Wednesday, July 28, 2010
Day 3: Visiting Yad Vashem - Holocaust Remembrance
This afternoon, the SEC’s seminar participants visited Israel’s national Holocaust memorial at “Yad Vashem” where they paid their respects to the 6 million Jewish victims of the Nazi genocide during World War II. We traveled through the new museum and uncovered countless documents, photos and artifacts from the Holocaust. Often times scholars and teachers fail to convey the stories and impact of the Holocaust one the Sephardic Jews of Europe. At the same time the SEC’s seminar group learned more about some of the Sephardic victims of the Holocaust who primarily hailed from the large Greek port city of Salonica (a.k.a. Thessalonica). During 1943, roughly 50,000 of the city's Jews were deported to concentration camps, where most were murdered in Nazi death camps such as Auschwitz in Poland. On a sad note the group came across train tickets that Salonica Jews were actually fooled into purchasing so that they would pay for their death trips to Auschwitz. At the end of the war a little less than 2,000 Greek Jews from Salonica survived the genocide with the majority of the population being completely obliterated by the Nazis.
The sights and sounds of inside the Yad Vashem were often very difficult for those in our group to experience. I saw a number of them wiping away tears through out the entire visit. What was personally heartbreaking for me was to see the photos of the more than a million Jewish children who were murdered by the Nazi genocide. I couldn’t help but imagine what lives these children would have lead, or what achievements to humanity they might have been able to accomplish had they grown up or other ways in which they could have changed the world. The loss of so much innocent life was a tragedy for the Jewish people but also humanity because of the sheer magnitude of human life totally erased.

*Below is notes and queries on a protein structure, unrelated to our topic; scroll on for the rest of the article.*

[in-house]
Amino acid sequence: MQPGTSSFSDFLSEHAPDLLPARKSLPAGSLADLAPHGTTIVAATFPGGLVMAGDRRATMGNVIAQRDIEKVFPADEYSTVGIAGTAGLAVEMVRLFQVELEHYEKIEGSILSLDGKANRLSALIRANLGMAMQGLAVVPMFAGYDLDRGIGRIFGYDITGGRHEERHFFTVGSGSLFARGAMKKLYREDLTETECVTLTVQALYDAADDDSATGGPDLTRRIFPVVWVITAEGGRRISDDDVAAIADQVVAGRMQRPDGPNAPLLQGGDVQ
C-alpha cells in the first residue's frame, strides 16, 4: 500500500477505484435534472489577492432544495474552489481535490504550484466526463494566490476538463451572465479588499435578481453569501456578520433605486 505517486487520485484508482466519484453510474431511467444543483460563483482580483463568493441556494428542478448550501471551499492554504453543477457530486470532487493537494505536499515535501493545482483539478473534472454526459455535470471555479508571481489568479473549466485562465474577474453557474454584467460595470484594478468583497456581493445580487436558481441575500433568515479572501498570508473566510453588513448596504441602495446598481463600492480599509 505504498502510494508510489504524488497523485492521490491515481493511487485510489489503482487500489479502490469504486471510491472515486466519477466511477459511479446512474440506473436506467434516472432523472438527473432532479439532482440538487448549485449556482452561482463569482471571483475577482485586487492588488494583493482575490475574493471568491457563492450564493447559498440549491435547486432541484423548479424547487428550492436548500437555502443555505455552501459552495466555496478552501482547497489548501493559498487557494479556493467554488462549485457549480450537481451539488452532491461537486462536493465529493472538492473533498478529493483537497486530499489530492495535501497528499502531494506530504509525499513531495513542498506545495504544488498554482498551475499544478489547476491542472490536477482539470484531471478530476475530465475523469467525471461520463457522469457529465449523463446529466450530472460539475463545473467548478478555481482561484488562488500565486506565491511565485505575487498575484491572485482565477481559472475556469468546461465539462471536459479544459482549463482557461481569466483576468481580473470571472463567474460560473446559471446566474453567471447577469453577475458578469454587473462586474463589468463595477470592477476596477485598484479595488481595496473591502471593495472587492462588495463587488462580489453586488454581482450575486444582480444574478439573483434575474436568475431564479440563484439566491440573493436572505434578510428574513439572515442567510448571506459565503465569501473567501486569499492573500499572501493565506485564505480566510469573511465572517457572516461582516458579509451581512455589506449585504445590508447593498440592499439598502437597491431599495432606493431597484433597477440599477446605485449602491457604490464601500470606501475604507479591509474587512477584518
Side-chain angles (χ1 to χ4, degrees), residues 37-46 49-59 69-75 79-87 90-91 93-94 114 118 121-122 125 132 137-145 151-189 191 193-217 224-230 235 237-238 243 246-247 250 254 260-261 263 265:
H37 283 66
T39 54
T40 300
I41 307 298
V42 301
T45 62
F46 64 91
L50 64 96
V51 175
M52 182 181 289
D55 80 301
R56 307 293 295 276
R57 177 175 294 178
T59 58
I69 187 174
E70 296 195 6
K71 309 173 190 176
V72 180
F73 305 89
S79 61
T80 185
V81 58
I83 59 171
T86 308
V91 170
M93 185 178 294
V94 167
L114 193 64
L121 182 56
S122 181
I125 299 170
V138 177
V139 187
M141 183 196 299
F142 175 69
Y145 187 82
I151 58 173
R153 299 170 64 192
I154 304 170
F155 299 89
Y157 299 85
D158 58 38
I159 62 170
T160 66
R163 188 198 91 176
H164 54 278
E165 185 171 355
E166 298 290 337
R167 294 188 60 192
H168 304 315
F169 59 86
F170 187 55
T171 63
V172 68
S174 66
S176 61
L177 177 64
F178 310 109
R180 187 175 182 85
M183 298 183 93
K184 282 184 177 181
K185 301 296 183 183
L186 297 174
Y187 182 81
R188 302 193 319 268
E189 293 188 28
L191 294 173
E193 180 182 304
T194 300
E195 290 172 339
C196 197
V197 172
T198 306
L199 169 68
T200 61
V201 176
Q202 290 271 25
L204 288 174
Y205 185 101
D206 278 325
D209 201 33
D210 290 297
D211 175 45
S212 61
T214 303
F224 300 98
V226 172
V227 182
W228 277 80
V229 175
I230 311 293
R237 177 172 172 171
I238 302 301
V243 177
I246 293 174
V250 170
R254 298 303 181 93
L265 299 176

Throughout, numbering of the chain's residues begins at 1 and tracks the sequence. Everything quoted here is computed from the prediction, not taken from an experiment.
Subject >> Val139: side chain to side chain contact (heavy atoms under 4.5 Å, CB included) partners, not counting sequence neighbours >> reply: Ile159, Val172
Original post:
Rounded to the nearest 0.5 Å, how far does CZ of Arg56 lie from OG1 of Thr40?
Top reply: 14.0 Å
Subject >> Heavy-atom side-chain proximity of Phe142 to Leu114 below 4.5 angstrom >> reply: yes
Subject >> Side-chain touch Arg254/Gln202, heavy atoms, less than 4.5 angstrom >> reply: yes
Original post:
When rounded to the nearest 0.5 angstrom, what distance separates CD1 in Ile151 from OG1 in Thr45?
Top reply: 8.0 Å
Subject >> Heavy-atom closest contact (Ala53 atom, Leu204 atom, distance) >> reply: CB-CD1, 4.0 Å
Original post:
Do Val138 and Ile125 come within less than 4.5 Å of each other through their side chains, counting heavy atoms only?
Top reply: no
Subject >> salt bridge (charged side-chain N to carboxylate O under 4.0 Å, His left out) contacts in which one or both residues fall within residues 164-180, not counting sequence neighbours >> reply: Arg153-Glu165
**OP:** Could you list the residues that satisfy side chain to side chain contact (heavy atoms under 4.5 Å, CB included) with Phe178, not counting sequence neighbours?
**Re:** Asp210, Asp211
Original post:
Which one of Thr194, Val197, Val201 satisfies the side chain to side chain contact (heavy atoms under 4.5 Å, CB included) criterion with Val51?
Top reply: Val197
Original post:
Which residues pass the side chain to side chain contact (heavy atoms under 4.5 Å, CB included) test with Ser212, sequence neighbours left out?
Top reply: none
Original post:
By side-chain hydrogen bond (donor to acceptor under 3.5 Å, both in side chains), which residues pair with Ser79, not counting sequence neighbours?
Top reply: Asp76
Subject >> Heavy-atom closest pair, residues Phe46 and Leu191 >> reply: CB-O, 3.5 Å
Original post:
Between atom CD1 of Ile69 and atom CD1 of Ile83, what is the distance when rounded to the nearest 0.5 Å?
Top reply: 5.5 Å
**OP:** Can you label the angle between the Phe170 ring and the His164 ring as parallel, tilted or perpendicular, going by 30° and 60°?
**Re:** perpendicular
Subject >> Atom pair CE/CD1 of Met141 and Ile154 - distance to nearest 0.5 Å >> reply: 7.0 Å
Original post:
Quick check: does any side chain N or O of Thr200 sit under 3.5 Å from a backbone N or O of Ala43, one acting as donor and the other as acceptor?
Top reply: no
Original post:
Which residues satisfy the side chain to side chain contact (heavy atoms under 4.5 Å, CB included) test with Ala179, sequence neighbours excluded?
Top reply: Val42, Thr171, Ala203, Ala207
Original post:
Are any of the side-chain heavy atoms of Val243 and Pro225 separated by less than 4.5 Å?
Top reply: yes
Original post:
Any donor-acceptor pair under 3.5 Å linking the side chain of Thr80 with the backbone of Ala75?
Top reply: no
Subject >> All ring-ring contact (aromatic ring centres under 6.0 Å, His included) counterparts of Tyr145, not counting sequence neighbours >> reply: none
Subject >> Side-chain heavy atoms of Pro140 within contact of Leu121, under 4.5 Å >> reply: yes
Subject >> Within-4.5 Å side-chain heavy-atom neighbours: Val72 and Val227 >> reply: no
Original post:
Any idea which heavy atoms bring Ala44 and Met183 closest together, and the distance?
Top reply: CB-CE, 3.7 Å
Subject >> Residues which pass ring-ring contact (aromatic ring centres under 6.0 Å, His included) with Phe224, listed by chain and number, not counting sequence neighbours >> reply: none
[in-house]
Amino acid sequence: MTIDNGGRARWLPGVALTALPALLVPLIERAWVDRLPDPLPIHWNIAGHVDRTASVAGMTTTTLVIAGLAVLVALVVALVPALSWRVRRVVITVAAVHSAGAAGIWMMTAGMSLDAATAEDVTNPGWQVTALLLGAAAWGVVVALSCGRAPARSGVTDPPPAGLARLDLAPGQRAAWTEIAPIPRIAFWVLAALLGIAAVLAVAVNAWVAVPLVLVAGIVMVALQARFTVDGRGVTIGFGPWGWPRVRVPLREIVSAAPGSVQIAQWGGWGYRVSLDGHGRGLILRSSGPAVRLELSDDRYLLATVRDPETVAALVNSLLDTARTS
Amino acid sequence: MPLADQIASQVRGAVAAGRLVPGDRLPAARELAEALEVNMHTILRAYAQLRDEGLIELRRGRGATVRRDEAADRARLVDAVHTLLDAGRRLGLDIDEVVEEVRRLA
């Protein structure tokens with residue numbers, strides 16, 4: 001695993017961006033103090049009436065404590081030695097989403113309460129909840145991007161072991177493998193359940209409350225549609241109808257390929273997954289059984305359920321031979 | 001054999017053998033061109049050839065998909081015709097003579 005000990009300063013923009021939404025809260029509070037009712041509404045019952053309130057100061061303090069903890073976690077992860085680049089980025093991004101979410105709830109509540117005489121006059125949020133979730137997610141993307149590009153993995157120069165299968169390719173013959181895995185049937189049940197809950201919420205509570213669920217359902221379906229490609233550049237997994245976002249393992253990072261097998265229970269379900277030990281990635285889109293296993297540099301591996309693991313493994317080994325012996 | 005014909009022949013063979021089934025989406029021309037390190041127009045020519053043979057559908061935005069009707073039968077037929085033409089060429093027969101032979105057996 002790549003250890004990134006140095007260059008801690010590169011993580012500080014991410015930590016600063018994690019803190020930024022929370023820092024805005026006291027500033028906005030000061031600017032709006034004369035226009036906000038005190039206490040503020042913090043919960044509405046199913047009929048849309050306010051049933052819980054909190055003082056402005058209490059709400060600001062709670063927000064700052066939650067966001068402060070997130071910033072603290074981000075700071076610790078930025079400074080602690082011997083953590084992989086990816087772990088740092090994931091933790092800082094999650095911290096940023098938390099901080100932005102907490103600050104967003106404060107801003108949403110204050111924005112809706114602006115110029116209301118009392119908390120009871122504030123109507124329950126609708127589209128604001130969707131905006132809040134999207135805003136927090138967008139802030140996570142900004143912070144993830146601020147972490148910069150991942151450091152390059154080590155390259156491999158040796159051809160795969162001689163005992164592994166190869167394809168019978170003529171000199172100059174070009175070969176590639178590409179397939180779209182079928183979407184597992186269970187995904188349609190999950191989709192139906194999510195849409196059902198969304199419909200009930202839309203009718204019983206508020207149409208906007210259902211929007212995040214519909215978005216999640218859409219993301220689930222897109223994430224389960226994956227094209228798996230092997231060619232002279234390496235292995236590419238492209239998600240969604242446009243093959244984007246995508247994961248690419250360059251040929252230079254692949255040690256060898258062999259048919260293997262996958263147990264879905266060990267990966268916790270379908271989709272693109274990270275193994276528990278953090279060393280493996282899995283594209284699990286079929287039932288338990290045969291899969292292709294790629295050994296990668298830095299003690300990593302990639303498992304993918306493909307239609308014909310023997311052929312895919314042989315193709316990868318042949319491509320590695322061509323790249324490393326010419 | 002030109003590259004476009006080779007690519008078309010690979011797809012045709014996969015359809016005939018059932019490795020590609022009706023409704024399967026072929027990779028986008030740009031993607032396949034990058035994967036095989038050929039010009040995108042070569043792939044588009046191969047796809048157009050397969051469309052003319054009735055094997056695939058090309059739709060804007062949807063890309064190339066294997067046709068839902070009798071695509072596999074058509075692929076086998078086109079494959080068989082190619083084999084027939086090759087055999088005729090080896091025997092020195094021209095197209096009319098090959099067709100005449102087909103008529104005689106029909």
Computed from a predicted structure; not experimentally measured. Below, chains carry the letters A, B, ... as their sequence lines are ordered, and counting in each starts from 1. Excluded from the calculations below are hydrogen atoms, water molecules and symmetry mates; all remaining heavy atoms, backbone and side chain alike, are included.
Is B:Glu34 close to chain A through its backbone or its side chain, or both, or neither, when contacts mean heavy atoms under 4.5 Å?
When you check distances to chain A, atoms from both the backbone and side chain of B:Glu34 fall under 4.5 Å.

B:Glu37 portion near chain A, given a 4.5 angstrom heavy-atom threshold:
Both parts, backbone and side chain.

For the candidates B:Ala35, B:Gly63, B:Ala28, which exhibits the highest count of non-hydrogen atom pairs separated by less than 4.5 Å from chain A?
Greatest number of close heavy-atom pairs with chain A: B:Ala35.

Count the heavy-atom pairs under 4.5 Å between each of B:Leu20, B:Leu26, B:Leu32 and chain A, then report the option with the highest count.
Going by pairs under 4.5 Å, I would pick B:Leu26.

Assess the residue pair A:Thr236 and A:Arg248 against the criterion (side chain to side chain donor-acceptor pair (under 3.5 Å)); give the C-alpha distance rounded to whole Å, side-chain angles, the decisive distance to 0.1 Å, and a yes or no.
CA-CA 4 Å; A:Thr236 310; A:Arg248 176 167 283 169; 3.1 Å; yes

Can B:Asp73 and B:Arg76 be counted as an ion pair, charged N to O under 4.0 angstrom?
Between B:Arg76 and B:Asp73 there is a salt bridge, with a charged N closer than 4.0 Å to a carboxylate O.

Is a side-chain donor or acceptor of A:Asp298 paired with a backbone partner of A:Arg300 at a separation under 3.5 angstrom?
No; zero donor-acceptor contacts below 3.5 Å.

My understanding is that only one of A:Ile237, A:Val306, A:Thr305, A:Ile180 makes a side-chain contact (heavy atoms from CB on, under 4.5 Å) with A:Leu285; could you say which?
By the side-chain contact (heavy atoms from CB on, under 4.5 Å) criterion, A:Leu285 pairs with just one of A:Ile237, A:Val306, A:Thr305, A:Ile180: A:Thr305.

At the same time our tour guide for the day also made clear the message of many Jews worldwide and Israelis that Jews when it comes to the Holocaust that they will indeed never again allow another entity to eradicate them as the Nazis had had done. Acknowledging the Holocaust also helps all Jews (Ashkenazi and Sephardic) reinforce their sense of Zionism because of their determination to fight back and defend themselves when dictators or other extremists have had a chance to kill them off.
The below are just some of the snap shots I captured during our visit to Yad Vashem.
-- Karmel Melamed